We’re a team, you know? The big Metal brotherhood on stage.


Thank you for taking the time to talk to us! How are things in your world?

Well, actually things have been really good lately! We completed the album. Right now we’re working on some music videos, some promotional stuff, and of course we’re preparing for the live shows we’re going to do in 2018.

Busy busy!

Yes, definitely.

Do you have some special plans for the tour?

Yes. I think that right now we’re going to focus more on the show that we’re giving. Of course we’re quite an energetic live band and we always have a lot of focus on the people that are on stage, which is important. But I think this time we’re also going to focus more on effects, like lighting, different kinds of backdrops, just some more elements on stage. Nowadays we don’t play with amps anymore, so there’s only a drum kit. We play on guitar, so we only have a preamp, which no one sees. So, that way we can dress the stage a bit more, to make it more of a show.

So you’re going to up the experience, very cool.

Yes, definitely.

I’ve seen you play many times and I understand what you mean by focussing on the people on stage. That’s always been your driving force, the artists on stage.

Yeah. I think that’s important about a band. When I look at a band, when I see a band play live, I always try to discover what the role is, of the different people on stage. I mean, there’s music, but there’s also the machine that creates this music. It’s great to see that some bands have these different people in them that all have their role on stage, they all have their own show on stage, but together they make the music. They are the machine. I always think that’s interesting. With Heidevolk we always focus a lot on that. That’s also why we don’t have someone in the back standing still or whatever. Everybody is just into the show and being as crazy as the audience.

Yeah, exactly. It is impressive to see such a large number of people, all working together, towards the same goal.

Uhu. Absolutely. That’s something we also experience of course when we’re on stage, that the crowd is also working towards the same goal.That is what gives us the energy.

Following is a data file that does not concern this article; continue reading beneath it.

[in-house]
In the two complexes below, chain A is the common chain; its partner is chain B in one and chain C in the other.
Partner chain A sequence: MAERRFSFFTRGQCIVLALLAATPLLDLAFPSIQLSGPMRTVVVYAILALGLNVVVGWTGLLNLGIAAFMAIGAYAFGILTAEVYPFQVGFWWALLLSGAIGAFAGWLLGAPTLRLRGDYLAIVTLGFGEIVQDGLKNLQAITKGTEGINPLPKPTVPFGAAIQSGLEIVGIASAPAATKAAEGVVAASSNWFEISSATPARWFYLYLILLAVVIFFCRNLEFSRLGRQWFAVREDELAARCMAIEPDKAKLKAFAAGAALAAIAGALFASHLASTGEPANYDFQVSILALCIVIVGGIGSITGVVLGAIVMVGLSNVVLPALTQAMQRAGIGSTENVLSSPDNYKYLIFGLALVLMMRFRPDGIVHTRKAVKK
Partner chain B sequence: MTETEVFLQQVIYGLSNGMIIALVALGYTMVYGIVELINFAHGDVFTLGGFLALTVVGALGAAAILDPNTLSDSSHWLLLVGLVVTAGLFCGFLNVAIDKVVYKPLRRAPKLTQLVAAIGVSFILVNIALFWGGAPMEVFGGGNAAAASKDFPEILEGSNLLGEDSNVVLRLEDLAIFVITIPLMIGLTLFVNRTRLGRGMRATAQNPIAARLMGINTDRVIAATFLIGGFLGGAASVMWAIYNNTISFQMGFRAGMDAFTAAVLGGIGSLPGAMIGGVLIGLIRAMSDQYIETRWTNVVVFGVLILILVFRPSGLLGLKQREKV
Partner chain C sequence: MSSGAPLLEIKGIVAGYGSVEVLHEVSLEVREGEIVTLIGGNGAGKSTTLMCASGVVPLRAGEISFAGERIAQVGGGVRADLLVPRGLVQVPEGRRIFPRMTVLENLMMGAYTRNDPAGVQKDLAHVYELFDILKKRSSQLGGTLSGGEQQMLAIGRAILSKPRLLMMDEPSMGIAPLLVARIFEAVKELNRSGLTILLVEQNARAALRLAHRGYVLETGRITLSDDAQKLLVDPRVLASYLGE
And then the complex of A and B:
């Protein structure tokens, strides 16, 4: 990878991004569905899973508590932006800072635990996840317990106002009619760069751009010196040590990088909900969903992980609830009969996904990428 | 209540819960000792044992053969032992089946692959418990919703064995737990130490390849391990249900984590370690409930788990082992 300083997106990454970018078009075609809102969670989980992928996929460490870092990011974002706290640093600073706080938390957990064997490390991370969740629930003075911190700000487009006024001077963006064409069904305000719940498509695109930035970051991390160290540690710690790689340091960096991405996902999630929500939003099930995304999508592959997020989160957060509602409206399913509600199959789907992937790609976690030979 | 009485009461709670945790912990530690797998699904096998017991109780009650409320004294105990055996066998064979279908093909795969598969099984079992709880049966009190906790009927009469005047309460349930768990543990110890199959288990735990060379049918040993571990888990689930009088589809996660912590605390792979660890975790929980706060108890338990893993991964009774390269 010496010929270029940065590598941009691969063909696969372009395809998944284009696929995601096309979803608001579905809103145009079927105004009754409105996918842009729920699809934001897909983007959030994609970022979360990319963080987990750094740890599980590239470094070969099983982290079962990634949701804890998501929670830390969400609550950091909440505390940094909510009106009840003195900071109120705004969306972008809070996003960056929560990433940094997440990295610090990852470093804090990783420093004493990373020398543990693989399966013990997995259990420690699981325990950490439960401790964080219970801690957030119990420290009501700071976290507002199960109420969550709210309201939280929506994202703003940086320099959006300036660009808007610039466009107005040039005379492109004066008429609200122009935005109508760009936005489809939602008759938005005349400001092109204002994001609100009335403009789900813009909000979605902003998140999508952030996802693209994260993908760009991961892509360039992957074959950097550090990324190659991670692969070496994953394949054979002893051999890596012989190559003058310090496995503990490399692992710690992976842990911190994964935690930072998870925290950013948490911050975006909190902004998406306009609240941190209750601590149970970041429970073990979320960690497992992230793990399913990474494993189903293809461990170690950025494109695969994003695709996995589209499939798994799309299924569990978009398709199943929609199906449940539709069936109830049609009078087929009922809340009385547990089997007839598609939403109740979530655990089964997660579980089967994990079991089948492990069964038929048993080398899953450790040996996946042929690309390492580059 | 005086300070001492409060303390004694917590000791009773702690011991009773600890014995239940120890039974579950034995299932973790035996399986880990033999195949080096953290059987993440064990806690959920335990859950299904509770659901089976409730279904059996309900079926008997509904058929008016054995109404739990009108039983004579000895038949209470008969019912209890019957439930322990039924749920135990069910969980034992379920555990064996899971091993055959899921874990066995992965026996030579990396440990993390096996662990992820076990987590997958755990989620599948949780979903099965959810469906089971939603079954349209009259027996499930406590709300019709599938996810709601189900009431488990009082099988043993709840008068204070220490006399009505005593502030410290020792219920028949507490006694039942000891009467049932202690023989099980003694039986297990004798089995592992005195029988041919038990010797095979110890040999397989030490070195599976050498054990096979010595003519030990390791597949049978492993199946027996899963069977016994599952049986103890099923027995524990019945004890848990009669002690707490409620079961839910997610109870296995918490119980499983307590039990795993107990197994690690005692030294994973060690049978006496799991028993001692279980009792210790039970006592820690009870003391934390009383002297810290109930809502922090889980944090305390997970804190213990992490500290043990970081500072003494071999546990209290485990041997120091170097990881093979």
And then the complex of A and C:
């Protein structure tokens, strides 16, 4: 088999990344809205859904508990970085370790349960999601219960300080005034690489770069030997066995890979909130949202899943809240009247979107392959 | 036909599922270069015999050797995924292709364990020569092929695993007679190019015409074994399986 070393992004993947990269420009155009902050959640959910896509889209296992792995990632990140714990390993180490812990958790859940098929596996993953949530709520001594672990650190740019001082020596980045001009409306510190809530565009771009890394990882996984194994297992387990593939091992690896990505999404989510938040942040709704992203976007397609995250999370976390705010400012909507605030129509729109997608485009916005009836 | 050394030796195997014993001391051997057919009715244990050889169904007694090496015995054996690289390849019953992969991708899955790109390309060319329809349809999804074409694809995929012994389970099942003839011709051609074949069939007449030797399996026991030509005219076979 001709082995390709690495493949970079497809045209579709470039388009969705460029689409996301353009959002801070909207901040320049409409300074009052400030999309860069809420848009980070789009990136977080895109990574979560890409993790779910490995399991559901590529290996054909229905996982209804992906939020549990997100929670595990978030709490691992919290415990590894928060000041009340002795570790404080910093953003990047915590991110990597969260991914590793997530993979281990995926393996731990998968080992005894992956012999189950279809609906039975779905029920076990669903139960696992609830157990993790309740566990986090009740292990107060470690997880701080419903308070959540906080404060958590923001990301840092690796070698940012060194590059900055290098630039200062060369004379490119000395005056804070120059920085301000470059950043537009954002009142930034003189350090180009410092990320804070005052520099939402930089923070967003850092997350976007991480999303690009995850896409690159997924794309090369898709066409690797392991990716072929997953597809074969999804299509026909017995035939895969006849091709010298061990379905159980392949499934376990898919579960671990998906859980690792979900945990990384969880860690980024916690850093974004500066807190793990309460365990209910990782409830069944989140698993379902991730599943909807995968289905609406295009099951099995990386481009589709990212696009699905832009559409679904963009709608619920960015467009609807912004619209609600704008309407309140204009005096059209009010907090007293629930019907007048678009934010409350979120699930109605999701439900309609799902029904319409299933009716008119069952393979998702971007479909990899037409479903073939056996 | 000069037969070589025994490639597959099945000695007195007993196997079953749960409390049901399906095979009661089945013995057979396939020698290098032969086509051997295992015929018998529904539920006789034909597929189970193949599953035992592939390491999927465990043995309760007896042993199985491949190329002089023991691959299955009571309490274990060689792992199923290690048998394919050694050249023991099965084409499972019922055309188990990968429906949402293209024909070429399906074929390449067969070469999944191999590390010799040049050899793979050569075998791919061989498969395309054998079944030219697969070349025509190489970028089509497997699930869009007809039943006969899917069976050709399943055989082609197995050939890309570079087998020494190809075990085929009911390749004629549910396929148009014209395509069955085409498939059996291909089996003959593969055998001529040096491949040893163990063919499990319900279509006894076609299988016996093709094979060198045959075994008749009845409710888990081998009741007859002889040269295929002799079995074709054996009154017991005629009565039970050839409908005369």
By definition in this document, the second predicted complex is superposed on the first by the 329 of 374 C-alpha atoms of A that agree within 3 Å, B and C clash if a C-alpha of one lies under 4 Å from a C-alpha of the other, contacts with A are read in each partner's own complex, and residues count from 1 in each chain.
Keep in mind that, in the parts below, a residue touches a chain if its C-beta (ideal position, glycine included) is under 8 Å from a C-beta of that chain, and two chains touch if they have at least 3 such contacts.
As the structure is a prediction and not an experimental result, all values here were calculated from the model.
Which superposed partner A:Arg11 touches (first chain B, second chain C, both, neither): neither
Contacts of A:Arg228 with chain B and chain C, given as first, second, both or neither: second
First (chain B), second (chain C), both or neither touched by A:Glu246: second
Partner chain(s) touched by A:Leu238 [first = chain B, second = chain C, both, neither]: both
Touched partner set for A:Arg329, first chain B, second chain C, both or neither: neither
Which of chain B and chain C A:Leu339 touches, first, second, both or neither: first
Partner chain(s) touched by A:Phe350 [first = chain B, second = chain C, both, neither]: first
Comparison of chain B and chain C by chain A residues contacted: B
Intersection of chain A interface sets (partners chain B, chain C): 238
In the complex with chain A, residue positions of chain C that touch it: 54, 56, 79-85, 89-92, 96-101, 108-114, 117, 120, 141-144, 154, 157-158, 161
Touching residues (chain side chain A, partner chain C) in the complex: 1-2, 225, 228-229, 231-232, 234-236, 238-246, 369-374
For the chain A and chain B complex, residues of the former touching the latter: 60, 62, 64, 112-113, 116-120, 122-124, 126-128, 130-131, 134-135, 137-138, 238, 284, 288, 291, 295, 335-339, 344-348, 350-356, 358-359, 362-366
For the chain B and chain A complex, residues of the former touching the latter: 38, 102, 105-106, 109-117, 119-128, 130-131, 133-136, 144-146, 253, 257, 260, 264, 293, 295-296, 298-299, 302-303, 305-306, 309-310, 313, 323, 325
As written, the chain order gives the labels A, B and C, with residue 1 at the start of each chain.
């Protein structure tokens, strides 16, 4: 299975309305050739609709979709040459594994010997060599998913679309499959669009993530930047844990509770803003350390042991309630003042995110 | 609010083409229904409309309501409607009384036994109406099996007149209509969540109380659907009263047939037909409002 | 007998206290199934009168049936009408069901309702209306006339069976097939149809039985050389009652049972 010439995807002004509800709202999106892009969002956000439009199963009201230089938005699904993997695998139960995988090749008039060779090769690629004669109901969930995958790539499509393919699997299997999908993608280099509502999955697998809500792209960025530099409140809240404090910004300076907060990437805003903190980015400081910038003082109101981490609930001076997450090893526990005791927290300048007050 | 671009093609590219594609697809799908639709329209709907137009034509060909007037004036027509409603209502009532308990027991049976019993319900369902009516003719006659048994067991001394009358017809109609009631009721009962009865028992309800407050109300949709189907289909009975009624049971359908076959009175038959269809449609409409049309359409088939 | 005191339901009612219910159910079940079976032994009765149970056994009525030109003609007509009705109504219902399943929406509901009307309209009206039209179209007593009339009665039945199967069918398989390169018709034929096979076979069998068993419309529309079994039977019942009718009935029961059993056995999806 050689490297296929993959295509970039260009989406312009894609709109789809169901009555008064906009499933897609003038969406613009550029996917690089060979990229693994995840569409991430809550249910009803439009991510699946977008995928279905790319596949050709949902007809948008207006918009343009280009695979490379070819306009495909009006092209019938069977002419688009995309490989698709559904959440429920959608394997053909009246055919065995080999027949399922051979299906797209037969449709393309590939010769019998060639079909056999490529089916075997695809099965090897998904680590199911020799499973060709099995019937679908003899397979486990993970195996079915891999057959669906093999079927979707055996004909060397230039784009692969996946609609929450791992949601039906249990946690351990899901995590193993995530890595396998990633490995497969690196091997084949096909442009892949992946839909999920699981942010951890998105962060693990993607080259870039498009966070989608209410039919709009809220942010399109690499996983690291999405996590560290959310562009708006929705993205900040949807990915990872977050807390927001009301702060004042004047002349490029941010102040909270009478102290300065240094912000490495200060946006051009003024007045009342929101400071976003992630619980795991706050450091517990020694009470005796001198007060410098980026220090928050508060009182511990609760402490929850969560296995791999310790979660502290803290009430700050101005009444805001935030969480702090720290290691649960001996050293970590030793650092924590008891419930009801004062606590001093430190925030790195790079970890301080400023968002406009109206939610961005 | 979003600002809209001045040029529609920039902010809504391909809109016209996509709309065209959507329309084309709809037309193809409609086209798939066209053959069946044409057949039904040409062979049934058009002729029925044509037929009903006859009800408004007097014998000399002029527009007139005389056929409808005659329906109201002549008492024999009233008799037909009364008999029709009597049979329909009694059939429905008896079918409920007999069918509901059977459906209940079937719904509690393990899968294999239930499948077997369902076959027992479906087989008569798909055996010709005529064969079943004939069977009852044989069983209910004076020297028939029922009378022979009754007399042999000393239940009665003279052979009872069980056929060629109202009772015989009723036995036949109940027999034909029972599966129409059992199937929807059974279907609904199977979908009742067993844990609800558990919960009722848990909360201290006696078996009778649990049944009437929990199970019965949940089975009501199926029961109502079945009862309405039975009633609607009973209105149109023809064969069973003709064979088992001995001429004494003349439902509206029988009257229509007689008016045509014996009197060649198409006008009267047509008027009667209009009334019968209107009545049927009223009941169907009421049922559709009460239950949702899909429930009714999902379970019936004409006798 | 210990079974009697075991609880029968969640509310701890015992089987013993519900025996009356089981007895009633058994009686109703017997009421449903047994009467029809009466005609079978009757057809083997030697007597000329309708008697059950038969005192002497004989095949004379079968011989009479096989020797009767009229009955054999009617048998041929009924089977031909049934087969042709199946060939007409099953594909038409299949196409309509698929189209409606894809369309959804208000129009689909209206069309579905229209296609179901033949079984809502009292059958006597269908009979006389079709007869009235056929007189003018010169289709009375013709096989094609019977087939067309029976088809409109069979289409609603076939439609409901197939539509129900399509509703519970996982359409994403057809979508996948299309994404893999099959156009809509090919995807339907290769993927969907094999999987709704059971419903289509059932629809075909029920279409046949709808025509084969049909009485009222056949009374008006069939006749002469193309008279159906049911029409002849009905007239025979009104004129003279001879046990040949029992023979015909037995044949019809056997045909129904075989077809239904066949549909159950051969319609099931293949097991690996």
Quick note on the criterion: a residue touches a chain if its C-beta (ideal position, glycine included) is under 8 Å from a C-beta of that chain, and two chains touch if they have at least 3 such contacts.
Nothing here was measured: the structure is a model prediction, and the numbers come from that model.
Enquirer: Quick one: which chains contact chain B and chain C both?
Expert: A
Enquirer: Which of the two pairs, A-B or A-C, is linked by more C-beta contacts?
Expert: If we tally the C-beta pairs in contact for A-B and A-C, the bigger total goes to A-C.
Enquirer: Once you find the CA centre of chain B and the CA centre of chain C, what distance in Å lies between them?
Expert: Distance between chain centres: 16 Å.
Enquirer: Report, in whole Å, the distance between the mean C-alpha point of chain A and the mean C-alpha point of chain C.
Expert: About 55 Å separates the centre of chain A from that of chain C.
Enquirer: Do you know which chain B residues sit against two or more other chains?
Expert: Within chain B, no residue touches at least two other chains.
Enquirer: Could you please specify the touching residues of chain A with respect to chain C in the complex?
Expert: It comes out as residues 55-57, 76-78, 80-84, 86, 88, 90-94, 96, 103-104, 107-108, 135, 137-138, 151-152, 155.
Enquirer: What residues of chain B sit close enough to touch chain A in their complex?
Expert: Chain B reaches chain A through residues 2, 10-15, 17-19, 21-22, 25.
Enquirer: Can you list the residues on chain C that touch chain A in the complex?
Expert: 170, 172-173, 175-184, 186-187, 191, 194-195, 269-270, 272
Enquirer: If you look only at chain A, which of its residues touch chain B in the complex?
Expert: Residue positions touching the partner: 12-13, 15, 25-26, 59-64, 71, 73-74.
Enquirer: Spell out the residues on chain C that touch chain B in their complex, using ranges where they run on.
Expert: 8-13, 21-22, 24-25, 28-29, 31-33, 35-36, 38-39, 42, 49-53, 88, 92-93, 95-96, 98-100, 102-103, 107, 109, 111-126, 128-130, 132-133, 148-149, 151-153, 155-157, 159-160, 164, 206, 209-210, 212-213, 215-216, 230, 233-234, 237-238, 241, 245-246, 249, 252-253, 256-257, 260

Yeah. You can see that, when you guys play. I once was at a show from a really big band, and I was surprised to see that none of the artists were working together. They were all doing their own little thing on stage. WIth you, that’s completely different.

Yeah. You know, that happens when people do this for their day job, performing every day. And sometimes it just fits the music perhaps, I don’t know. But with us, we’re a team, you know? The big Metal brotherhood on stage.

I like that term. A big Metal brotherhood. Yeah.


We already featured you once before in our magazine. That was about two or three years ago.


You were about to release your previous album, Velua back then.

Probably three years ago then, 2015.

That might be. It took a while to publish. It was an email interview and the answers came in a bit late *laughs*

*laughs* Yeah, that happens sometimes. I prefer the interviews in real life and on Skype more, because it gives the opportunity to talk a bit more.

Yes, absolutely. This was actually my first interview ever, so it was quite special.

And you got it late? So sorry about that!

That’s no problem. In that interview you said that 2016 was going to be a creative year, and I was wondering if it worked out as you planned?

Oh, Well, what can we say about 2016. For me personally, 2016 was a shit year, but that’s also because there were different things in my personal life that happened. It should have been a very creative year, because I started writing the new album, but at some point the music for Heidevolk kind of blocked. For me, it was a good year but not the year I expected it to be, although we did get to go on a big European tour, through almost all of Europe with Equilibrium. We also went to South America for the first time in Heidevolk history, so in that aspect it was a creative year. I just hoped it would be a better year.

I had that feeling. In the interview you said that you were working on piecing together an acoustic set and album.


I’ve seen a few acoustic videos, but what happened to the album?

Yeah, I don’t know. At one point we had to give priority to the new Metal album, even though we’re also working on the acoustic stuff. We first did a few acoustic shows for TV Gelderland, which is the regional TV channel here, and we got a taste for it, so we did some more acoustic shows, all very small. At one point we said we’re going to do this. We’re going to record a Metal album and at the same time start producing an acoustic album. Those were big plans of course. And yes, there will be an acoustic album, but it did not take place in 2016, will not take place in 2017 and we’re not yet sure about 2018 *laughs*.

So, you put that one on the backburner.

Yes, exactly. Also because of the things that are happening in our personal lives, which we also have to control. We don’t work as full time musicians. It’s important to realize that we can only spend the weekends and our holidays on the music.

Yes. Real life comes first.

Well, I always try to put the music first, but sometimes real life hits you quite hard in the back.